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Counting penguins at Antarctica
Saturday April 14, 2012 - Email this article to a friend

Satellite technology has allowed scientists to make an accurate count of the number emperor penguins. There are around 600,000; double the number first thought.

They count them by first by looking for penguin poo.

The satellites are used to spot the large brown patches on the white ice to show where the animals are.  The cameras then zoom in to photograph the birds. 

After is the time-consuming job of counting them all.

Scientists hope that by accurately knowing their numbers they can track and monitor the health of the species.

It is thought they may be under threat from climate change and so an accurate record of their numbers is needed.

44 colonies of Emperor Penguins have been counted - that's 7 more than were previously thought to exist.

"If we want to understand whether Emperor Penguins are endangered by climate change, we have to know first how many birds there are currently and have a methodology to monitor them year on year," said Peter Fretwell from the British Antarctic Survey (BAS).

He was speaking to the BBC and for more information see the BBC story here.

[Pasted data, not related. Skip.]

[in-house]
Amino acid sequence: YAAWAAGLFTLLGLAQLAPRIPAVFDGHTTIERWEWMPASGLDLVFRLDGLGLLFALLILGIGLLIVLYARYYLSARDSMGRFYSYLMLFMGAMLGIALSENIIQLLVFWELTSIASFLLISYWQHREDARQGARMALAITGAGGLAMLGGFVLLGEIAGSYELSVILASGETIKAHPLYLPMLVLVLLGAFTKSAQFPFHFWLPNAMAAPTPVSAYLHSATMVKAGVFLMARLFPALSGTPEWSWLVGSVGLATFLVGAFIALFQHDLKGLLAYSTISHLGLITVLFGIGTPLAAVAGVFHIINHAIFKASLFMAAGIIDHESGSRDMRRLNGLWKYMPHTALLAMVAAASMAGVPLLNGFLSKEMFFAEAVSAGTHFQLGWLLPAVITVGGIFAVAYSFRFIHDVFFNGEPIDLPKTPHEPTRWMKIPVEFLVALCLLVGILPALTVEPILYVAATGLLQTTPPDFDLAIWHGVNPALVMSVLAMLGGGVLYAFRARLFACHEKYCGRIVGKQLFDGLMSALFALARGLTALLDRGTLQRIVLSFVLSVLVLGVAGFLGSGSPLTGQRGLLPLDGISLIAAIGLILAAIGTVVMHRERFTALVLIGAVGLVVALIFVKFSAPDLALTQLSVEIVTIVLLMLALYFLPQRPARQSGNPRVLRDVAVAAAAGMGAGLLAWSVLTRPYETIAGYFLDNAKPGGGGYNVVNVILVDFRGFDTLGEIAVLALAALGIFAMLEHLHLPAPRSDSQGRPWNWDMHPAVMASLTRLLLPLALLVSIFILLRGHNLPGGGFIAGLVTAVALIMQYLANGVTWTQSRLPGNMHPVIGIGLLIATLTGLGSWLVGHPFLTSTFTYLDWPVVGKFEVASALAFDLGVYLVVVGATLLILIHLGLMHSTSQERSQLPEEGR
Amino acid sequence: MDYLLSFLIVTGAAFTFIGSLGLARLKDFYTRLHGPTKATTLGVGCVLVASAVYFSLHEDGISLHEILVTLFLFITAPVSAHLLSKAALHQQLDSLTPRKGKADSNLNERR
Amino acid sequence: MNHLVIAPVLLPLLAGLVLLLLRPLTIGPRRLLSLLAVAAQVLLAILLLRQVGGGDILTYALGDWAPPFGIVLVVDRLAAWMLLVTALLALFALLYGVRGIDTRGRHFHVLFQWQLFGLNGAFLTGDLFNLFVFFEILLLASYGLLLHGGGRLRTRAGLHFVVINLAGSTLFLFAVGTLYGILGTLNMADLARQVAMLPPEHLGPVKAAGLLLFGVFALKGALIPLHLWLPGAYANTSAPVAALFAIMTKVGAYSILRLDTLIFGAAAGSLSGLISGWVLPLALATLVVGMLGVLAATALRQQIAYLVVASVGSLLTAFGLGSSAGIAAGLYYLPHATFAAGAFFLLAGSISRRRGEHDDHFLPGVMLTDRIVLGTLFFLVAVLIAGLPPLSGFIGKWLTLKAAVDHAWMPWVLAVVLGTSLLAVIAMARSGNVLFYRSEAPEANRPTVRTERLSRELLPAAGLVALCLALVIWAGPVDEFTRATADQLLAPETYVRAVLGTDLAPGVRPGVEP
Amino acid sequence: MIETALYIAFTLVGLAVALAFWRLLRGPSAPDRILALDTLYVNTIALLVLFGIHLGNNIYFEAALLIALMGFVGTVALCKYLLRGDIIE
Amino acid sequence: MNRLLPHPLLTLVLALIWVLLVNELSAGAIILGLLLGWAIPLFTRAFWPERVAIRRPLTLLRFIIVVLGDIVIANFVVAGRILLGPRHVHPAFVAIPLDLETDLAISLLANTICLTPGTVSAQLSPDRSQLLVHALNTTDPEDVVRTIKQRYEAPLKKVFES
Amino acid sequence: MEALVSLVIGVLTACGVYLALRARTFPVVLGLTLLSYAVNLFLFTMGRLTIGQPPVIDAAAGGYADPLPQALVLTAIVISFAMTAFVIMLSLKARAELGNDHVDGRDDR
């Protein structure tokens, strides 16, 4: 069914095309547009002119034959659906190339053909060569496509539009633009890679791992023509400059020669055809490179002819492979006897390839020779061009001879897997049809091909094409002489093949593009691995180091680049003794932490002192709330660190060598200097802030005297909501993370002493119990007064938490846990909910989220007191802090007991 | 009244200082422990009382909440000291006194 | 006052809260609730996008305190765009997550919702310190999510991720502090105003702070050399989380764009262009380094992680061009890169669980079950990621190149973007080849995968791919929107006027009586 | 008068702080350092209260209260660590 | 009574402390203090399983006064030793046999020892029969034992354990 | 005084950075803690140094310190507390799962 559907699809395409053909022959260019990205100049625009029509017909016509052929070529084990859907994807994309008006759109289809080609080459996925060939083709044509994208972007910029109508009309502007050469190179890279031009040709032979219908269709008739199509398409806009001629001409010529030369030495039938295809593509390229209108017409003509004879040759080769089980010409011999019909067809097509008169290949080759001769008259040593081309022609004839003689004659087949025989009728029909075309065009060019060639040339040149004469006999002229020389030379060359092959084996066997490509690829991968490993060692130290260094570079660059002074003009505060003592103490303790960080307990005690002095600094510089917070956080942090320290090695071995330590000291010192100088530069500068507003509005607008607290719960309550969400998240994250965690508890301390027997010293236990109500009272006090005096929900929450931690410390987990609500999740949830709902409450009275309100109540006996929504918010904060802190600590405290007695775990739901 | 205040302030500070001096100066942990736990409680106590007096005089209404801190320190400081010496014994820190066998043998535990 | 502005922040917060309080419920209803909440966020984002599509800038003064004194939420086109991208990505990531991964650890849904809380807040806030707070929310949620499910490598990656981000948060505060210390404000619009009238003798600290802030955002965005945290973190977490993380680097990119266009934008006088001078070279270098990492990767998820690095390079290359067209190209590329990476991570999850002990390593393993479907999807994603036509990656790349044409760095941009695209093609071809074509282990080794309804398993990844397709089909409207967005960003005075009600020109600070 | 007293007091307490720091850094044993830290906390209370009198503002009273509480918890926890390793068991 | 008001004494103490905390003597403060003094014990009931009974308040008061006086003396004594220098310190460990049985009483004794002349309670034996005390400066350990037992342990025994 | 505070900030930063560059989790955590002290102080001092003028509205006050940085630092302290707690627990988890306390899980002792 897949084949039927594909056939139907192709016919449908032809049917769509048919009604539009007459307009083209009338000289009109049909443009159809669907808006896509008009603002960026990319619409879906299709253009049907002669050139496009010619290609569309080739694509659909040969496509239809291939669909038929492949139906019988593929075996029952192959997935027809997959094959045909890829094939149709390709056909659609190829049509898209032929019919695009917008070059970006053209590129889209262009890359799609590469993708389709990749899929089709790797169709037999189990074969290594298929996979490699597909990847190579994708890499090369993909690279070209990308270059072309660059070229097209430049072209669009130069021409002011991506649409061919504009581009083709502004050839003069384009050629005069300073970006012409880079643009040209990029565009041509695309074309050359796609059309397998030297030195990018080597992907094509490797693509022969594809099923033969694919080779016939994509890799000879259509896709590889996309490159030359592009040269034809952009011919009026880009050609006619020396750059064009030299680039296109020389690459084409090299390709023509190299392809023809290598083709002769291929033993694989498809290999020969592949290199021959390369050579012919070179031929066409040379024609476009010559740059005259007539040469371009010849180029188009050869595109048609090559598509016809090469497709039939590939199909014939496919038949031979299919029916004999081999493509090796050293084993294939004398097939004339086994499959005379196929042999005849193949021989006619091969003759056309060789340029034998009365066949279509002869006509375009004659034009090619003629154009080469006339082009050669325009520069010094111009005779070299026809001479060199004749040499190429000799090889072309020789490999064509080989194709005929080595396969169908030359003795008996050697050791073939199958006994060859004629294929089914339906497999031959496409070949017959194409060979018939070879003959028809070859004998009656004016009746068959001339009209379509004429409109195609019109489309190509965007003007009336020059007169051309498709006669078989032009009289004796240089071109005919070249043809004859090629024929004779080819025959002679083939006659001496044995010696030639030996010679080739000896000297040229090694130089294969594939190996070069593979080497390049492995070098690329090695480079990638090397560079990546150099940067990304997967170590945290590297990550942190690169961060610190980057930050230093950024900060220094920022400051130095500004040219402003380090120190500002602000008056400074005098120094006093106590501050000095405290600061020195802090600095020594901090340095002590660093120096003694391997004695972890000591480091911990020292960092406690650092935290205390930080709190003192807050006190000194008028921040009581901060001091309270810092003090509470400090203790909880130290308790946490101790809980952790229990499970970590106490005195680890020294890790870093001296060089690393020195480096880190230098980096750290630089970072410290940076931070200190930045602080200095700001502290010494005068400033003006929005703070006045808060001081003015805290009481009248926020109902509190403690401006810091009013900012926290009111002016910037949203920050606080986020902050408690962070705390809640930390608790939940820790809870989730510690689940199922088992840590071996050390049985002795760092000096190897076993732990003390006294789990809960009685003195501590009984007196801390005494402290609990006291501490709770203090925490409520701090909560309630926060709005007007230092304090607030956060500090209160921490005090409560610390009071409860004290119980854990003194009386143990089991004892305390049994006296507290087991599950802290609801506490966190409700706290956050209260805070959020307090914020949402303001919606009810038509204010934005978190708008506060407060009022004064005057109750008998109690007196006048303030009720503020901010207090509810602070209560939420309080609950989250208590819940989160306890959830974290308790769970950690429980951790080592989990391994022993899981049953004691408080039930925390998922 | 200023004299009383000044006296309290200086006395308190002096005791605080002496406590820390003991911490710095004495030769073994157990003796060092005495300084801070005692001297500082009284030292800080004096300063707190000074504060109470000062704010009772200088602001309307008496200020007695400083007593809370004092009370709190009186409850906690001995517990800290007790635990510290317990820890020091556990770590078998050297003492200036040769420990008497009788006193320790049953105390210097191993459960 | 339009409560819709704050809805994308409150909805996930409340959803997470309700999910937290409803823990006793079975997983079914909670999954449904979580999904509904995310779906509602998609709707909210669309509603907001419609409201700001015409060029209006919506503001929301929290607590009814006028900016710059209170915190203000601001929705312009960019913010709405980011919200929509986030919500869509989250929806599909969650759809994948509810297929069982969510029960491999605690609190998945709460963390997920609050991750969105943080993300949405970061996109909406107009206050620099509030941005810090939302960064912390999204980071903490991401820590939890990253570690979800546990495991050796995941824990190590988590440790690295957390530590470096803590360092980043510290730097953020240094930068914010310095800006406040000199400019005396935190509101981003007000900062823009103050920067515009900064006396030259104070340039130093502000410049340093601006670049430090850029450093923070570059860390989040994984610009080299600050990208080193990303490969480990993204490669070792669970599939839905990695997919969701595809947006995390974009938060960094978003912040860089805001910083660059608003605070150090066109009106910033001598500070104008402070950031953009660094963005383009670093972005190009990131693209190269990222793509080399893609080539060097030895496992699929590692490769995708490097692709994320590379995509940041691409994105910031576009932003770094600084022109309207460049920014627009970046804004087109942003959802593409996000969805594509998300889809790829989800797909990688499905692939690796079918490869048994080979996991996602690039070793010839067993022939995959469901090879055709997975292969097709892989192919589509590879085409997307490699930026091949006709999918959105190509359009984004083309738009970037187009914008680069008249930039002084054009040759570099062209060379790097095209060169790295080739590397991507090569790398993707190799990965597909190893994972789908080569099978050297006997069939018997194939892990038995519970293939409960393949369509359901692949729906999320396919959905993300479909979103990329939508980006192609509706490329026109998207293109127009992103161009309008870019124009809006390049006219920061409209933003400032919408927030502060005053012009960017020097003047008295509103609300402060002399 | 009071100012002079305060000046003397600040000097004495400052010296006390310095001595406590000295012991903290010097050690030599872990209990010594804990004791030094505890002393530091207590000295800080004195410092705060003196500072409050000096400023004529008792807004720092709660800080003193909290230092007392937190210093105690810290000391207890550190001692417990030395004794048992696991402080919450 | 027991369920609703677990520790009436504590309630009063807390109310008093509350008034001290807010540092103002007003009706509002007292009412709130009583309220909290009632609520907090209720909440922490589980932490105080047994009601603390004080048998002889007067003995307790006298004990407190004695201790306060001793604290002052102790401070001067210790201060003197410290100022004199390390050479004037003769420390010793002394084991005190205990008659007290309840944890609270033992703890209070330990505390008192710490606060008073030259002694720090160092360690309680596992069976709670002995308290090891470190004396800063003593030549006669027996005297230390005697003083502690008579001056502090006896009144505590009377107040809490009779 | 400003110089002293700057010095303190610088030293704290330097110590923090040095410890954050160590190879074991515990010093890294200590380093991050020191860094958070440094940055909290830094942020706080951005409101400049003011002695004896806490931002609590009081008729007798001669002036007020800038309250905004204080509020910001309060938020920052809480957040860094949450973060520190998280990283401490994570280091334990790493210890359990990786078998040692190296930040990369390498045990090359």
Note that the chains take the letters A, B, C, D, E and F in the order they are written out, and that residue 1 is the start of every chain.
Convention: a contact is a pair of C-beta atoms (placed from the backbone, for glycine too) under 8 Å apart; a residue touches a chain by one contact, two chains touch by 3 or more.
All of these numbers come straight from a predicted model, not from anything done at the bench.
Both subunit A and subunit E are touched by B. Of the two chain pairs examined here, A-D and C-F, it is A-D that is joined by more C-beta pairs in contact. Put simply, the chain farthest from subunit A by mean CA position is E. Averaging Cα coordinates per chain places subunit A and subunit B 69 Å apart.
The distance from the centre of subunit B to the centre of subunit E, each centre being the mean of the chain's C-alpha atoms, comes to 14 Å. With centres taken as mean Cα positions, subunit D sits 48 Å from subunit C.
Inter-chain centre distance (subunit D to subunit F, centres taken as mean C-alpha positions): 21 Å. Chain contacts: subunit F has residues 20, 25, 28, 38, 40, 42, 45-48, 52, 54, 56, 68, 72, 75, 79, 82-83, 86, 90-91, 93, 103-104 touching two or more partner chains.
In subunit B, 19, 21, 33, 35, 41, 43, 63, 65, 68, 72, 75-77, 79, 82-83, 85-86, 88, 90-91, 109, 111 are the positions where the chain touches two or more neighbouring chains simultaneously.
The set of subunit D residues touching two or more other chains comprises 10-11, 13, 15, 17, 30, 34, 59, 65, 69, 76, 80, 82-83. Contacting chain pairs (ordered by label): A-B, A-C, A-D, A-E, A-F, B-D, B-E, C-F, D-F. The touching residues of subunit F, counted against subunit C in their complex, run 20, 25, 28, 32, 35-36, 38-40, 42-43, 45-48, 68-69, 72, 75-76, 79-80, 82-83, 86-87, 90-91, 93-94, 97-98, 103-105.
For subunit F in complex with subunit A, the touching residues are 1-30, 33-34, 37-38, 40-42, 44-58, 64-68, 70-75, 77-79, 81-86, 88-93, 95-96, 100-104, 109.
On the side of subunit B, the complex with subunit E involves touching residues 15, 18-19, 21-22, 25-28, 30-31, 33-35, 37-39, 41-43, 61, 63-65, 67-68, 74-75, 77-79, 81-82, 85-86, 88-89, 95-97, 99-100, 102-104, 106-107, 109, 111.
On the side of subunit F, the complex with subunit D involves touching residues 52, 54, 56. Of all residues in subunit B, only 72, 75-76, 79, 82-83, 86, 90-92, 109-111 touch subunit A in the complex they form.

"This study gives us that baseline population, which is quite surprising because it's twice as many as we thought, but it also gives us the ability to follow their progress to see if that population is changing over time," he added.

Antarctica is not being affected by climate change as much as The Arctic and the volume of the ice pack is relatively stable by comparison.

Emperor penguin coloniesEmperor penguin colonies














This research is a collaboration between British Antarctic Survey, University of Minnesota/National Science Foundation, Scripps Institution of Oceanography and the Australian Antarctic Division.

Michelle LaRue from the University of Minnesota comments on the NSF study which reveals there are twice as many Emperor Penguins in Antarctica than previously thought.

The Emperor Penguin is one of the few animals able to exist in the extremely cold  Antarctic climate. 

Occasionally they appear elsewhere - but only by accident.

Last year an Emperor Penguin turned up on the shores of New Zealand after getting lost and just continuing to swim.

It was thousands of miles from home and became an international news story as we reported at the time on PlanetSKI.

The animal was later taken back by ship and released into the ocean.

The latest counting of the penguins means humans can keep a closer eye on the species.

Male Emperor Penguins parenting their young:

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